Photos from Week 6

My first french manifestation (march for environmental laws)

La Cathédrale Saint-Bénigne

Place de la Republique

One of Dijon’s many mustard shops

“Dijon… yes, like the mustard”

Seconds before the mustard burnt my nose

trip to Ornans

Another picture from Ornans

Me after a long day of speaking French

Photos from Week 5

My first picture in Dijon

le marché ( the market)

du formage (some cheese)

awkward pictures because I was alone on the tour

A city street

Typical old French street

l’Église Saint-Michel (St. Michael’s Church)

A meme that I could not stop laughing at one night, yeah I’ve already spent too much time alone

Adieu à Tours

Salut à tous! (Hello everyone!) I am happy to announce that I finally made it to Dijon! As I lie in my new bed, in my new house, in my new city, I can’t help but reflect on all that has happened this past month. To put it frankly, I LOVED my time in Tours. It wasn’t one thing about the city in particular that I really liked, but rather an assortment of factors that lead to me genuinely enjoying my stay in the city.

Premièrement (firstly), Tours really helped me to improve my French. I would not directly credit my improvement in the language to the 84 hours of class that I had to sit through at the Institute this month, but rather to the many situations that I encountered where I was pushed out of my comfort zone to use French while in Tours. Whether it was when I had to frantically ask the bus driver why my bus was stopping for 20 minutes at a random station -it was to wait for the train commuters-, or when I had to explain to a banker that I couldn’t make an account because I did not have any legal documents of a permanent address yet, Tours forced me to speak French and that is how I successfully “broke the language barrier.” During the past month, I went from waking up and accidentally saying “good morning” to my host parents, to being able to hold up an hour long conversation about immigration with them at dinner. There is definitely not one particular event that I could pin down as being “that moment” when I knew I had really become able to the country and the language in Tours, rather it was a gradual process that I am finally realizing as I look back at the previous month.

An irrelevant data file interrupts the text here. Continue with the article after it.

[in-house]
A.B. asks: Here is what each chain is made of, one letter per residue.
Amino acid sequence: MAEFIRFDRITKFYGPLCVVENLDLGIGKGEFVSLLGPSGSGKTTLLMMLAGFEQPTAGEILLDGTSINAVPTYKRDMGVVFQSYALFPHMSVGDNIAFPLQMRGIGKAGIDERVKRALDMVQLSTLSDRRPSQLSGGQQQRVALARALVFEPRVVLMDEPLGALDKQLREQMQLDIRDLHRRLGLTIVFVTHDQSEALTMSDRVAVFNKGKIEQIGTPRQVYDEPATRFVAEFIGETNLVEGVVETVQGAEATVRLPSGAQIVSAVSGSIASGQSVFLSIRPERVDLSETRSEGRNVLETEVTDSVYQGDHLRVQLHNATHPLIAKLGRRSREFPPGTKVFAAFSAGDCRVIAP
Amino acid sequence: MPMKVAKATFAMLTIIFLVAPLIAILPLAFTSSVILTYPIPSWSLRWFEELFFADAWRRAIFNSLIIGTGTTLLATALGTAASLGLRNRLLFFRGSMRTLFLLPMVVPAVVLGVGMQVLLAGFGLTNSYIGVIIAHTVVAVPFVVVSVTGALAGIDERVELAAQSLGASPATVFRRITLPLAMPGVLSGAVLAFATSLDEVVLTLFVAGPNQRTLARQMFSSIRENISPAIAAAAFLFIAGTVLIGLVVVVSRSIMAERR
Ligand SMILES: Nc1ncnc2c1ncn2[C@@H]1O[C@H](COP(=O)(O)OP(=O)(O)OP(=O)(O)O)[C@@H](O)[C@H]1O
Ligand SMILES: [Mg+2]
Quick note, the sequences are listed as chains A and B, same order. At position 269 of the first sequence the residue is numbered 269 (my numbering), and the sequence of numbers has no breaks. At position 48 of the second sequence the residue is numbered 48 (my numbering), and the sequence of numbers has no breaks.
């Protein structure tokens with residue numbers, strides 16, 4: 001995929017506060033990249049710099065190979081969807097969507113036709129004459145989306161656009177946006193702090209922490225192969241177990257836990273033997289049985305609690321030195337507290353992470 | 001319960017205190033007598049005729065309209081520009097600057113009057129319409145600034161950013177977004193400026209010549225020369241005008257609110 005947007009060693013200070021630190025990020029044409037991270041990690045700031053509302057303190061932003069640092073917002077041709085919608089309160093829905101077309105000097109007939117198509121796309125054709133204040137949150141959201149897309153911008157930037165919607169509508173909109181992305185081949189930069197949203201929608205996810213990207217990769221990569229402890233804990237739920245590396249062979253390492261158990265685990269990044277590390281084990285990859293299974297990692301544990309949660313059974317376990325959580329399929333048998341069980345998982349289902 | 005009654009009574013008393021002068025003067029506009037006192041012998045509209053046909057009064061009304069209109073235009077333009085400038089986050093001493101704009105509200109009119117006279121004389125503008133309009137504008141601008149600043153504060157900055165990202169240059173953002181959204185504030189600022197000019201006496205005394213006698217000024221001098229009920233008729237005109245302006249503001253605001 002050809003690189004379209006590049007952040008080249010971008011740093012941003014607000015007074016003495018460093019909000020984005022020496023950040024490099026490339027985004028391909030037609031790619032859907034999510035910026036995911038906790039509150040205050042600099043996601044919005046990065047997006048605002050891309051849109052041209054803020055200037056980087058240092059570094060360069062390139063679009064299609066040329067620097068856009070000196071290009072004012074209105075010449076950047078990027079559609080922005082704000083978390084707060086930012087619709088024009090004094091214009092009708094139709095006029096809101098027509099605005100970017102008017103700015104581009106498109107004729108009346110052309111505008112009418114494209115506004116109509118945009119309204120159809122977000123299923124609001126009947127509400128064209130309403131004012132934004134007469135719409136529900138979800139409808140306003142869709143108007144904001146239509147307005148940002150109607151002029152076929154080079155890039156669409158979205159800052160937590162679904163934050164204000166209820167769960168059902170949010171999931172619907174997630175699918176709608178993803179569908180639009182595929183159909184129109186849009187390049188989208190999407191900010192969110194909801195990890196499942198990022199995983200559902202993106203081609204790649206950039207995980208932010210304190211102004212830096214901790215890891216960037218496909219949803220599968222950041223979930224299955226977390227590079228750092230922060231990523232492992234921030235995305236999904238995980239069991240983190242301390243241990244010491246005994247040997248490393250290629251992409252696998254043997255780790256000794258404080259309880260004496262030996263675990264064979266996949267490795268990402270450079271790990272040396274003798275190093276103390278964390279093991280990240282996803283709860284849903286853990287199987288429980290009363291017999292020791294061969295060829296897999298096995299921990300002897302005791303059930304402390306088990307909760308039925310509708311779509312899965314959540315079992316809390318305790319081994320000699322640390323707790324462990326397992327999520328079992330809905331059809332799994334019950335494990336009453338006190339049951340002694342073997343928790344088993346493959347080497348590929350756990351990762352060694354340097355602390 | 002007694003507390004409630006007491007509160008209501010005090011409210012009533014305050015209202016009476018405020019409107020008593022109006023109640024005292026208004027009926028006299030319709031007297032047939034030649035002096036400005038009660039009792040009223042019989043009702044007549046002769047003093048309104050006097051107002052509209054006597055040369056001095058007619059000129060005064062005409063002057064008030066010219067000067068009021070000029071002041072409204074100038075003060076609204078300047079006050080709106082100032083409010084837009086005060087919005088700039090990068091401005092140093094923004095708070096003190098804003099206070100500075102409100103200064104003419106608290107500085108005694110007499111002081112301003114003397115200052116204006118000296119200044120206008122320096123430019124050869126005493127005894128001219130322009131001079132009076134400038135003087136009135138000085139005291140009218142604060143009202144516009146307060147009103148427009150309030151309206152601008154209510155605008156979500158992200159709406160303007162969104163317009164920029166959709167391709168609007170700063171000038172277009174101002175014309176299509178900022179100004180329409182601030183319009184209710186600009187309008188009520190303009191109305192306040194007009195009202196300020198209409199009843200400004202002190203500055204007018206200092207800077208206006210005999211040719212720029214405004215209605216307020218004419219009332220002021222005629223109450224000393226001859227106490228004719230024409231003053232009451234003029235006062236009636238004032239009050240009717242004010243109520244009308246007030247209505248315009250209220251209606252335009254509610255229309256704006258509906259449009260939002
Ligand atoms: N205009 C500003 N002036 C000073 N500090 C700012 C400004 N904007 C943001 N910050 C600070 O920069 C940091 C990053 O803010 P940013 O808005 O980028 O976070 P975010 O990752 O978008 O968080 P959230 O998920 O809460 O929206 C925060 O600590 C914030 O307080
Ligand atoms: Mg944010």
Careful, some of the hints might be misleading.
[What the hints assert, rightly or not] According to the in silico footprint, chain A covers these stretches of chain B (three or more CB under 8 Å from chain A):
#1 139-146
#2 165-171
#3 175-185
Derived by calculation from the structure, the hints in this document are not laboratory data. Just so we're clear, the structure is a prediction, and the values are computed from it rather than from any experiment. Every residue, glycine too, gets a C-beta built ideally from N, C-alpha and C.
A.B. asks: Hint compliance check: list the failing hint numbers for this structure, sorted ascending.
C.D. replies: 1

Deuxièmement (secondly), Tours was a great way to ease my way into the study abroad experience. As I have previously discussed, this is my first time ever being outside of the U.S., so you can probably guess that I had a considerable amount of culture shock when I first arrived in France. Even the small things, like having to pay for food with valuable Euro coins or surviving solely on public Wifi for my phone to work without a sim card, were totally strange first experiences for me. I am also glad that Tours enabled me to get the awkward first time of living in someone else’s home out of the way with the rest of the Holy Cross kids, who were having the same firsts as I was.  In the moment, when you are getting yelled at IN FRENCH for not telling your host mom soon enough that you wouldn’t be coming home for Sunday lunch after mass, you think that it would ruin your entire study abroad experience day.  However, after joking about it with your friends and hearing similar stories from them, the experiences are a lot less traumatizing.

Troisièmement (thirdly), Tours allowed me to form such tight bonds with other Holy Cross kids that I would not have had the opportunity to do otherwise. By being part of a small 12 student group from Holy Cross in a foreign country for a month, I was really able to spend time and connect with each and every person on the trip individually. I am so happy to have come to know all of them better and will never forget all the memories we shared (partially because I photographed EVERYTHING). Whether it was laughing about Vines on the tiny beach of La Rochelle or just sitting and talking about homesickness near the Loire during one of our frequent trips to La Guinguette, Tours enabled me to gain 11 close friends that I wouldn’t have been able to get to know so intimately otherwise, and I’m beyond grateful for that.